For more on Dorothy Hodgkin, see her beautiful mosaic paintings and find out about the huge number of women she worked with (in archaeology and crystallography) go to trowelblazers.com

La Jaguarina: Queen of the Sword (1859 or 1864-?)

rejectedprincesses:

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In April 1896, hardened military veteran US Sergeant Charles Walsh, in front of a crowd of 4,000 onlookers, turned tail and ran. Mere minutes earlier, during a round of equestrian fencing, he’d been hit so hard he’d been nearly knocked off his horse – so hard that his opponent’s sword was permanently bent backwards in a U shape. In response, Walsh did the honorable thing: jumped from his horse, claimed that the judge was cheating, and fled the scene, to the jeers of the massive crowd.

His opponent? A woman known as La Jaguarina, Queen of Swords – an undefeated sword master who later retired only because she ran out of people to fight. Had she born 25 years later, according to the US Fencing Fall of Fame, she might be recognized as “the world’s first great woman fencer.” This week we tell the tale of this largely-forgotten heroine.

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Tomyris: the Promise-Keeper (6th century BCE)

rejectedprincesses:

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This week we celebrate Tomyris, a woman who was legendary 500 years before the birth of Jesus. When the aggressive ruler of the world’s largest empire set his eyes on her country, she: turned down his marriage proposal, crushed his armies, and defiled his decapitated head in a manner so humiliating she was a household name for centuries. More on this incredible woman after the break.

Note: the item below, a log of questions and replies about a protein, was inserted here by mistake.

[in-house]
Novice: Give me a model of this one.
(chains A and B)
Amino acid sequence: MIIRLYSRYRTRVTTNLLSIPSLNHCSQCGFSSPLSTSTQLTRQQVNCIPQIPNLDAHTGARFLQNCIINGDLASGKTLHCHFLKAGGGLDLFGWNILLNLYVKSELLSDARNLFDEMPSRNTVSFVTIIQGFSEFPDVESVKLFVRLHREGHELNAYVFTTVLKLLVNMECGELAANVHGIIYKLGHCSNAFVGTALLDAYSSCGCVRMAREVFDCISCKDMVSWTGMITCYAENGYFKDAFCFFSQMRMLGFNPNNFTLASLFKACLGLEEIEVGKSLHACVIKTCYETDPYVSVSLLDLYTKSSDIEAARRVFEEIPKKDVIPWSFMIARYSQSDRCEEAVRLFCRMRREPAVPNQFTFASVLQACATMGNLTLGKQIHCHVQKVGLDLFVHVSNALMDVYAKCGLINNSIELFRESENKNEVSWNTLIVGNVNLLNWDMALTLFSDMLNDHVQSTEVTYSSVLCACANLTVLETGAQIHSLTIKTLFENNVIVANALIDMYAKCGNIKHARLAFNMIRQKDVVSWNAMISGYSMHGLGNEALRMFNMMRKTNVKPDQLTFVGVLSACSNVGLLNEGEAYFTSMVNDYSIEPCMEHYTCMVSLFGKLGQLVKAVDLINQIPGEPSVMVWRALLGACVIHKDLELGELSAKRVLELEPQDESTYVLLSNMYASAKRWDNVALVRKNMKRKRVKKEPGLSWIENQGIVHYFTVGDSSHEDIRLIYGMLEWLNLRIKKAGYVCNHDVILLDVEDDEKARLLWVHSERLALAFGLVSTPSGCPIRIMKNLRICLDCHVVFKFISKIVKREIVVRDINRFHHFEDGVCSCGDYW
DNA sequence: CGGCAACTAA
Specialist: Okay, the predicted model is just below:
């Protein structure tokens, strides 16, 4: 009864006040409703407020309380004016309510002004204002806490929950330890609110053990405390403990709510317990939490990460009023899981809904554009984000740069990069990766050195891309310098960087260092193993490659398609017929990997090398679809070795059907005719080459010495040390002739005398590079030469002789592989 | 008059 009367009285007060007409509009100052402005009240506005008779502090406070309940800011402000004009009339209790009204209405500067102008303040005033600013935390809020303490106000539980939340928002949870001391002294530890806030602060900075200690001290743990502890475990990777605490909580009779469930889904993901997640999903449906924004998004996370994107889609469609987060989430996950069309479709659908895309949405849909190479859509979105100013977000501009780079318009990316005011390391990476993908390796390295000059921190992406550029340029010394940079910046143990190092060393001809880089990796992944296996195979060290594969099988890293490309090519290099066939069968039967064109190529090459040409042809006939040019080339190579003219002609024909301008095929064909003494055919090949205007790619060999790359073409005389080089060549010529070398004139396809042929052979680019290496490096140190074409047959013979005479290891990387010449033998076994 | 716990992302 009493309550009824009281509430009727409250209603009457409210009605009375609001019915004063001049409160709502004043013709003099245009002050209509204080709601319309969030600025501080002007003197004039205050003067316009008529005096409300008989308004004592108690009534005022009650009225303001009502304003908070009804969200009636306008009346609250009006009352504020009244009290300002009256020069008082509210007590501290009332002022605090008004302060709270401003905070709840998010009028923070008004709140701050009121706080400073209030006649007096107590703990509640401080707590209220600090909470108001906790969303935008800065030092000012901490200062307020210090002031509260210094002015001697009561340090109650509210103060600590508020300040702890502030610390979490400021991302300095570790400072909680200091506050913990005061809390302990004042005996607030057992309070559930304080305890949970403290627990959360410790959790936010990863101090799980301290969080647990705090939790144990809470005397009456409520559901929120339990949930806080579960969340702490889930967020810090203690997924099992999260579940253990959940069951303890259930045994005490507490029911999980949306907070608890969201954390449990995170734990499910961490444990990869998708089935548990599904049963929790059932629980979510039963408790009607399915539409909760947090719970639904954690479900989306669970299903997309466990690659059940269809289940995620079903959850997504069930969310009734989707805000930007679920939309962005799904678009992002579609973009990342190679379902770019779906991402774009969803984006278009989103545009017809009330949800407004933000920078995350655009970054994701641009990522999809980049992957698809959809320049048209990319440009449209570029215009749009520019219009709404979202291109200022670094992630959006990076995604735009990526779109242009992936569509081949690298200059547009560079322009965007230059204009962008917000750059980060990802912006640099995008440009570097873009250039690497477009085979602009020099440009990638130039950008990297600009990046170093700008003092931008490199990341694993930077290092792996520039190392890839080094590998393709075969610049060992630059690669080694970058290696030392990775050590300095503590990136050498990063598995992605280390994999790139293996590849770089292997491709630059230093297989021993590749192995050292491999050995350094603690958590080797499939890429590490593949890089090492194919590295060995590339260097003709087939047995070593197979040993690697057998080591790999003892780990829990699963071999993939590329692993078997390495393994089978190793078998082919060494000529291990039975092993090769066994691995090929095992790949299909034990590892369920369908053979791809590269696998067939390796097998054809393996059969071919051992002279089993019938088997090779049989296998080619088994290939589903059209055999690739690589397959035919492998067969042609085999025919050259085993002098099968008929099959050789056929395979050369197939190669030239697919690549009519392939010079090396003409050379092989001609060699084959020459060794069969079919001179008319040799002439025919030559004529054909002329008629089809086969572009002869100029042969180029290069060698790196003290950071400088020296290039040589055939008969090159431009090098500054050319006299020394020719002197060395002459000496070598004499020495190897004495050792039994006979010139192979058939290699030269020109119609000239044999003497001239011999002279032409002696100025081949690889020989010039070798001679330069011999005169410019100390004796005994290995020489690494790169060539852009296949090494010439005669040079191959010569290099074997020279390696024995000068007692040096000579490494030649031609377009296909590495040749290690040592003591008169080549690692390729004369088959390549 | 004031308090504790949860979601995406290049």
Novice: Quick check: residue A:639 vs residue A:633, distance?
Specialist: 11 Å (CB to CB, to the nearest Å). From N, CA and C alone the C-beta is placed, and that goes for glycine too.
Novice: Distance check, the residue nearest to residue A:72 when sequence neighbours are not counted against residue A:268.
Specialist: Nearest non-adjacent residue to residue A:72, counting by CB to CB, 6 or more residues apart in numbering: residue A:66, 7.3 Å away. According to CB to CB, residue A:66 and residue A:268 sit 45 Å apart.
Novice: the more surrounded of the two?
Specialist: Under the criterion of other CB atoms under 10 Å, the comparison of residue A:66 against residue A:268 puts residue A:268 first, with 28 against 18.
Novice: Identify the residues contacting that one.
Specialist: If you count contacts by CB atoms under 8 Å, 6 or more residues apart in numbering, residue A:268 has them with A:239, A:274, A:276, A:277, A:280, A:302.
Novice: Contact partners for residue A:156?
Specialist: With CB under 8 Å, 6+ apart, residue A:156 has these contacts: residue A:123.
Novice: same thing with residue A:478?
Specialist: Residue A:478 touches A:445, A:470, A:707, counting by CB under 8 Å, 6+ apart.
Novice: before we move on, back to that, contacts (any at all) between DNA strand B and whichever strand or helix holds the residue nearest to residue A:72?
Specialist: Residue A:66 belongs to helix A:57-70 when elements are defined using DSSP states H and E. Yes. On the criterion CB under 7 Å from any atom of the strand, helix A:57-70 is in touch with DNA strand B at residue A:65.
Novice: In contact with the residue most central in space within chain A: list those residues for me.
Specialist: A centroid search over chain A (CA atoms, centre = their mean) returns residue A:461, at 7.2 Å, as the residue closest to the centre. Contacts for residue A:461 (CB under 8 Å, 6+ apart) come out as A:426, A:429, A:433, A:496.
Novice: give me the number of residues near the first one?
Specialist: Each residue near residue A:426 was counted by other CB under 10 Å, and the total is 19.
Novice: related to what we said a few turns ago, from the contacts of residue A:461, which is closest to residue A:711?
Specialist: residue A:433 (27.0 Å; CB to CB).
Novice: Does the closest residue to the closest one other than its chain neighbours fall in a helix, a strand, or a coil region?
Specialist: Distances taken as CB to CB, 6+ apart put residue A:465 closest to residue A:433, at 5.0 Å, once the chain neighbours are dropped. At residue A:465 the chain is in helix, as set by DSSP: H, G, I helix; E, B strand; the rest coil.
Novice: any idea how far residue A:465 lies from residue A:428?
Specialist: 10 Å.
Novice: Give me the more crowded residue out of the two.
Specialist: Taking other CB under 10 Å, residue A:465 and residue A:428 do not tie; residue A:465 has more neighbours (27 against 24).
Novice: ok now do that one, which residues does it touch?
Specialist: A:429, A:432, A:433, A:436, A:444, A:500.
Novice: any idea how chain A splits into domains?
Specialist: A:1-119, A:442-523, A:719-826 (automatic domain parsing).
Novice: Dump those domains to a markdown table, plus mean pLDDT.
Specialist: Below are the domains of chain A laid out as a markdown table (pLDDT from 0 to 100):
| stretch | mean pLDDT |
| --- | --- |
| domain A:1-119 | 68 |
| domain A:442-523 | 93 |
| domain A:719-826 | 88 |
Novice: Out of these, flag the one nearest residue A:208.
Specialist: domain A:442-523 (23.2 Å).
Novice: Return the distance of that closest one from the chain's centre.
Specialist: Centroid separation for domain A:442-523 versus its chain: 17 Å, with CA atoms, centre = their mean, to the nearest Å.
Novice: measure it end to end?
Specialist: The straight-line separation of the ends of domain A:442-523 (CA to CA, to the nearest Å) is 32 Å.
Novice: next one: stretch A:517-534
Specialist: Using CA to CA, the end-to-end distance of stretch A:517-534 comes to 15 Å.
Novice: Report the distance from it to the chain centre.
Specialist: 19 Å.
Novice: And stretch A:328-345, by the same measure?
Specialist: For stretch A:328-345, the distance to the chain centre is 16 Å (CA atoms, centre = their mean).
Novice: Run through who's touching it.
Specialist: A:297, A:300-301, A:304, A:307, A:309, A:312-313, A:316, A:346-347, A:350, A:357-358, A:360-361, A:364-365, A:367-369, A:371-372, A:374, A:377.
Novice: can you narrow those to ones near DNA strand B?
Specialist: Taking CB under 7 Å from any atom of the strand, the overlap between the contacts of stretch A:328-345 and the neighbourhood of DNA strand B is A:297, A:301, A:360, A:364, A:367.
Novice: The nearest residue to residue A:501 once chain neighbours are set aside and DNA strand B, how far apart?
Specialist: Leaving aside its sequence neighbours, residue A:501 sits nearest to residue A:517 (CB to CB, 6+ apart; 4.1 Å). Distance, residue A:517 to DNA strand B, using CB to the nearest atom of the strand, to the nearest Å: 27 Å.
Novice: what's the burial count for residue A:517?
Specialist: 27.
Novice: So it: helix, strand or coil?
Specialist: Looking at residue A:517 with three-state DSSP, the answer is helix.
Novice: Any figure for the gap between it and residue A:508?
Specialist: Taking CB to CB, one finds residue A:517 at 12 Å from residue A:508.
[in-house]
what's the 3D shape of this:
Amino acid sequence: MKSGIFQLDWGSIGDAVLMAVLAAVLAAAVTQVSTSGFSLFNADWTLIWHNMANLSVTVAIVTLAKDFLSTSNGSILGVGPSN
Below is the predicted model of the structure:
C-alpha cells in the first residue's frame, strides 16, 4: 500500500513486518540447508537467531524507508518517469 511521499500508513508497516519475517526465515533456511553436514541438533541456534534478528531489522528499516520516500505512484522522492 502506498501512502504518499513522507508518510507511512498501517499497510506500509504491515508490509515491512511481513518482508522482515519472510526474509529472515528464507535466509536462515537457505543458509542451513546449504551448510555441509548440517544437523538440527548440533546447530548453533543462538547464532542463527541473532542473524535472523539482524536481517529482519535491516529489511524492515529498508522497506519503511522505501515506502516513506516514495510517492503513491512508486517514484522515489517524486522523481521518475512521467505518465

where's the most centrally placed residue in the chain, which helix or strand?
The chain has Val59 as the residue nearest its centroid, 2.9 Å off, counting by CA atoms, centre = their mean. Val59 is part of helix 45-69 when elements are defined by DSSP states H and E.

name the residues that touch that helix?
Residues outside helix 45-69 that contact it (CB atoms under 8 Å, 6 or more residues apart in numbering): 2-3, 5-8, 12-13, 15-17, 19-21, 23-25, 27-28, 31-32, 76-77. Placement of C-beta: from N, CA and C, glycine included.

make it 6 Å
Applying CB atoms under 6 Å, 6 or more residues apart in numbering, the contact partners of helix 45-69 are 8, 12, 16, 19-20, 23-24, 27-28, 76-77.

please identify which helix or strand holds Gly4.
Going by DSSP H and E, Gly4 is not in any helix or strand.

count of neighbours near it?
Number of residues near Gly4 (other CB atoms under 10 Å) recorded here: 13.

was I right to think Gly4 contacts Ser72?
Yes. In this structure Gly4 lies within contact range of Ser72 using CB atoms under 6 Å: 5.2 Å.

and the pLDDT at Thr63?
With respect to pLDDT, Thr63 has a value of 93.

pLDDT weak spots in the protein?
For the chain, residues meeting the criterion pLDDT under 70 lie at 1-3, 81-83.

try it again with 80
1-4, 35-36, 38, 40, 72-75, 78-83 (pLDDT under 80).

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Próximo ingreso de la escritora Mariana Ruiz Romero a la Academia Boliviana de Literatura Infantil y Juvenil

mar-ruiz:


 

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El próximo jueves 18 de septiembre, a horas 19:00, en el Anexo del Espacio Simón I. Patiño
 

 (La Paz), la escritora Mariana Ruiz Romero hará su ingreso oficial a la Academia Boliviana de Literatura Infantil. Con ese motivo, la escritora realizará la lectura en público de su trabajo de investigación “Elda Alarcón de Cárdenas: vida y obra”.

Mariana Ruiz nació en Tarija en 1982. Es poeta y cuentista. Cultiva de manera especial la literatura para niños. Estudió filosofía y letras en la Universidad Católica de Cochabamba, luego hizo una maestría en Relaciones Internacionales en Córdoba, Argentina, además de tomar cursos de cocina, hecho que ayudó a su primera publicación. Ha colaborado en diversos suplementos literarios en su país. Ha publicado Los secretos de Rosalba, coedición argentino-boliviana. Es parte de la antología joven de poesía boliviana “Cambio Climático” editada por el Centro Cultural Simón I. Patiño.

 
Respecto de su trabajo para niños, la autora le dijo al diario Página Siete: “No importa si vivimos en tiempos donde las tecnologías ofrecen cosas increíbles. Siempre y cuando ofrezcamos algo interesante a los niños, ellos leerán un libro; sin embargo, no hay que descuidar la forma (el formato) de los textos, como en el caso de Uma, las ilustraciones son increíbles”.

 

Los libros publicados por la autora y dedicados a la literatura infantil son: Uma y el círculo mágico, Uma y el tren a las estrellas, Uma y el guardían de los animales, El baile de los dioses. El cuento : “Edredones, frazadas y sueños” es parte de la Antología, “Dicen que en mi país”, todos los libros sus libros son editados por Editorial La Hoguera. 

Some lit, comics and other cool stuff. Literatura, comics y relacionados. Literature et des autres choses géniaux.